Studio Visit

with Amber Pierce, remarks by Olivia DeCapri



Amber Pierce is an interdisciplinary artist, currently pursuing a degree in Art Education. Pierce studied at the Governor's School for the Arts, Virginia Commonwealth University, and Old Dominion University. Growing up, her work began as cathartic responses to her experiences, and her current concepts are still largely influenced by these personal moments. Pierce believes in the power of story-telling. Self-identifying one's own story and then having the courage to find a way to record it: whether partially, abstractly, opaquely or  transparently. She believes our vaguest thoughts and feelings are an important piece of the creation process - art is a way to give a form to something that is impossible to encapsulate with words. In her work, Pierce explores the kind of mental/emotional/and spiritual gathering, empathy, and union that is possible when an artwork is made. Pierce is hopeful that she may use her practice to give others the gift of transformation and communication that art has given her.



























A Safe Spot To Rest Your Head
fiber, and acrylic on canvas

2020

The Hand That Gives

fiber, wood, and ceramics
2020

Active Listening (side 1)
ceramics and glaze

2020

Active Listening (side 2)
ceramics and glaze

2020

Patience
ceramics and glaze

2020

Premonition
ceramics and glaze

2020

Community
ceramics and glaze

2020

Embroidered Moment In Time
fibers on clothe

2020

Interlocked
acrylic on canvas

2020

Emotional Strokes, Working in Cycles
Remarks by Olivia DeCapri, January 25, 2021

Having a multi-faceted process, Amber creates a thoughtful and delicately powerful throughline in her practice. Her work is a puzzle of stories, questions, and emotions. Pierce is continuously sifting through her knowledge and experiences, as she shares the vulnerability of her truths in creating a narrative. Amber is seeking to unearth original thoughts and this radiates into all aspects of her practice. 

In one of Amber's most recent fiber works, she combines painting and crocheting a pillow with the words “A Safe Spot To Rest Your Head”. Especially made for black women and girls, she creates a safe space for herself as well.  Through her keen visual storytelling, Amber’s work explores the complexities of being, with a kind nature in an arduous world. A sense of earthly joy and sorrow emanates from her work through color and softness of forms. Lost inside a moment, Amber leaves the viewer finding her depiction of intimate and thoughtful stokes grounding our collective space.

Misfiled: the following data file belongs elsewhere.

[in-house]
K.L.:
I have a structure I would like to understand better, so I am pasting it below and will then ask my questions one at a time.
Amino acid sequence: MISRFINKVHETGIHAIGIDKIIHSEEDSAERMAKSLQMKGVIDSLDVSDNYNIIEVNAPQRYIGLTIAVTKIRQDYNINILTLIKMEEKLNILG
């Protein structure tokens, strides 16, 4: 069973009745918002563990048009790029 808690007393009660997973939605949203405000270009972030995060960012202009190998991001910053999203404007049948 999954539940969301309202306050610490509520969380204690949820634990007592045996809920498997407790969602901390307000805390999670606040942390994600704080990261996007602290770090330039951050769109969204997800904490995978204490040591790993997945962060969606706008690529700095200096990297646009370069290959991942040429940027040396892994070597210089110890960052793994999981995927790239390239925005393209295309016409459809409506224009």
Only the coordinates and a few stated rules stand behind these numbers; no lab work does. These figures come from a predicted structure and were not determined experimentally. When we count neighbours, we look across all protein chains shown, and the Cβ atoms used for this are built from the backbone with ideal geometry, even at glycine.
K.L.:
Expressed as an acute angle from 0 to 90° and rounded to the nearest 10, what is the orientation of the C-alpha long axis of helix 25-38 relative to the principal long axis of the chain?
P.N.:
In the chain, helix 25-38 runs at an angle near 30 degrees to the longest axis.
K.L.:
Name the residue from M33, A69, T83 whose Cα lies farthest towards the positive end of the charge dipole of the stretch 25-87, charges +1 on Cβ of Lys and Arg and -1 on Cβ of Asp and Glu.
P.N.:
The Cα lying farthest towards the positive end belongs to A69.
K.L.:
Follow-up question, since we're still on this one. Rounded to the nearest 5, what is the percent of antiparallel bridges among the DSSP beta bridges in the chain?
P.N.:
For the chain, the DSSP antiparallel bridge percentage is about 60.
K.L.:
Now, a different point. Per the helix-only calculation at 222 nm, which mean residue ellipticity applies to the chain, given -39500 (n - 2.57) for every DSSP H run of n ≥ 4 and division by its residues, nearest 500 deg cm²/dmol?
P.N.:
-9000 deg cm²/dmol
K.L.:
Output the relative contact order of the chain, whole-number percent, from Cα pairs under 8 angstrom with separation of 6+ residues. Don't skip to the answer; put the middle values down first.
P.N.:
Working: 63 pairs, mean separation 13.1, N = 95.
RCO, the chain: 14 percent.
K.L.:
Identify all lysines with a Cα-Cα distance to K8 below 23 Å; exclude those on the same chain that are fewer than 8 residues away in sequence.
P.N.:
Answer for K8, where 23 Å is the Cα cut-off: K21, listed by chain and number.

During our studio visit, Pierce pulled out a stack of papers and offered to share her ‘secret art’ with us. We were excited to see what she describes as her sketchbook practice, as it gave us some insight into how she navigates her making process. Pierce’s work plays with elements that are derived from the initial thoughts generated in this pile of mysterious, loose papers. These stacks consist of dream recollections, cutouts, sketches, image transfers, stamps, and scraps of makings past. Pierce's current work handles like an open book or journal. She shares a part of her soul space in each piece. It’s emotive, thoughtful, and exudes life. Practicing in ceramics, fibers, painting, drawing, collaging, she brings these materials altogether. In the middle of a global pandemic and a rise to white supremacy, Amber's work emits honest expression and recollection of this state of the world and being. Amber spoke about her recent impulse to make more functional objects. Creating accessibility to her wisdom she adds beauty into our everyday narrative.She questions where we stand and live in this time collectively.

Emotional strokes, working in cycles, Pierce shares what she has been reading and absorbing outside of herself. Amber reveals how she is inspired by terms she has never thought of before. Focusing on the nuanced meanings inside of these words, she researches in order to touch on media, path, and language in relation to everyday life. Pierce mentions at the forefront of her mind are the constructs in which we think about time. For example, how different types of cultures shape, think about and digest it. She shared with us that the US is a monochronic culture which means that we think of time as a currency. Phrasings such as wasting time, spending time, and saving time are unique to our culture. This inspires her to investigate the deep subtleties in language that are often overlooked and left out of research.

Contemplating the value of her diverse materiality, we speak about the purpose that the creations have, entering the conversation of functionality in global consciousness. We are living in a reality that is radically different since the pandemic. Mutual aid and community support have become more prevalent in response to the hardships and injustices that face us and our communities every day. As artists, we play a big role in sharing and circulating the wealth inside of our communities. The call to support each other is sparking artists to make in a way that carries us some distance from companies that hoard the majority of the wealth. By entering this conversation of functionality Amber’s work becomes part of the ritual dance of the day, coloring our narrative with her stories inside.





Osseous Matter is an artist project and curatorial platform founded in 2020. OM features an assortment of visual content and fleeting ideas brought forth by burgeoning artists. A digital enterprise, OM collects thoughts-in-progress, works-in-progress, and promotes the process of creation, collaboration, and community building in the arts. We attribute value to every part of the creative process and aim to cultivate a platform that emphasizes the space between here and there.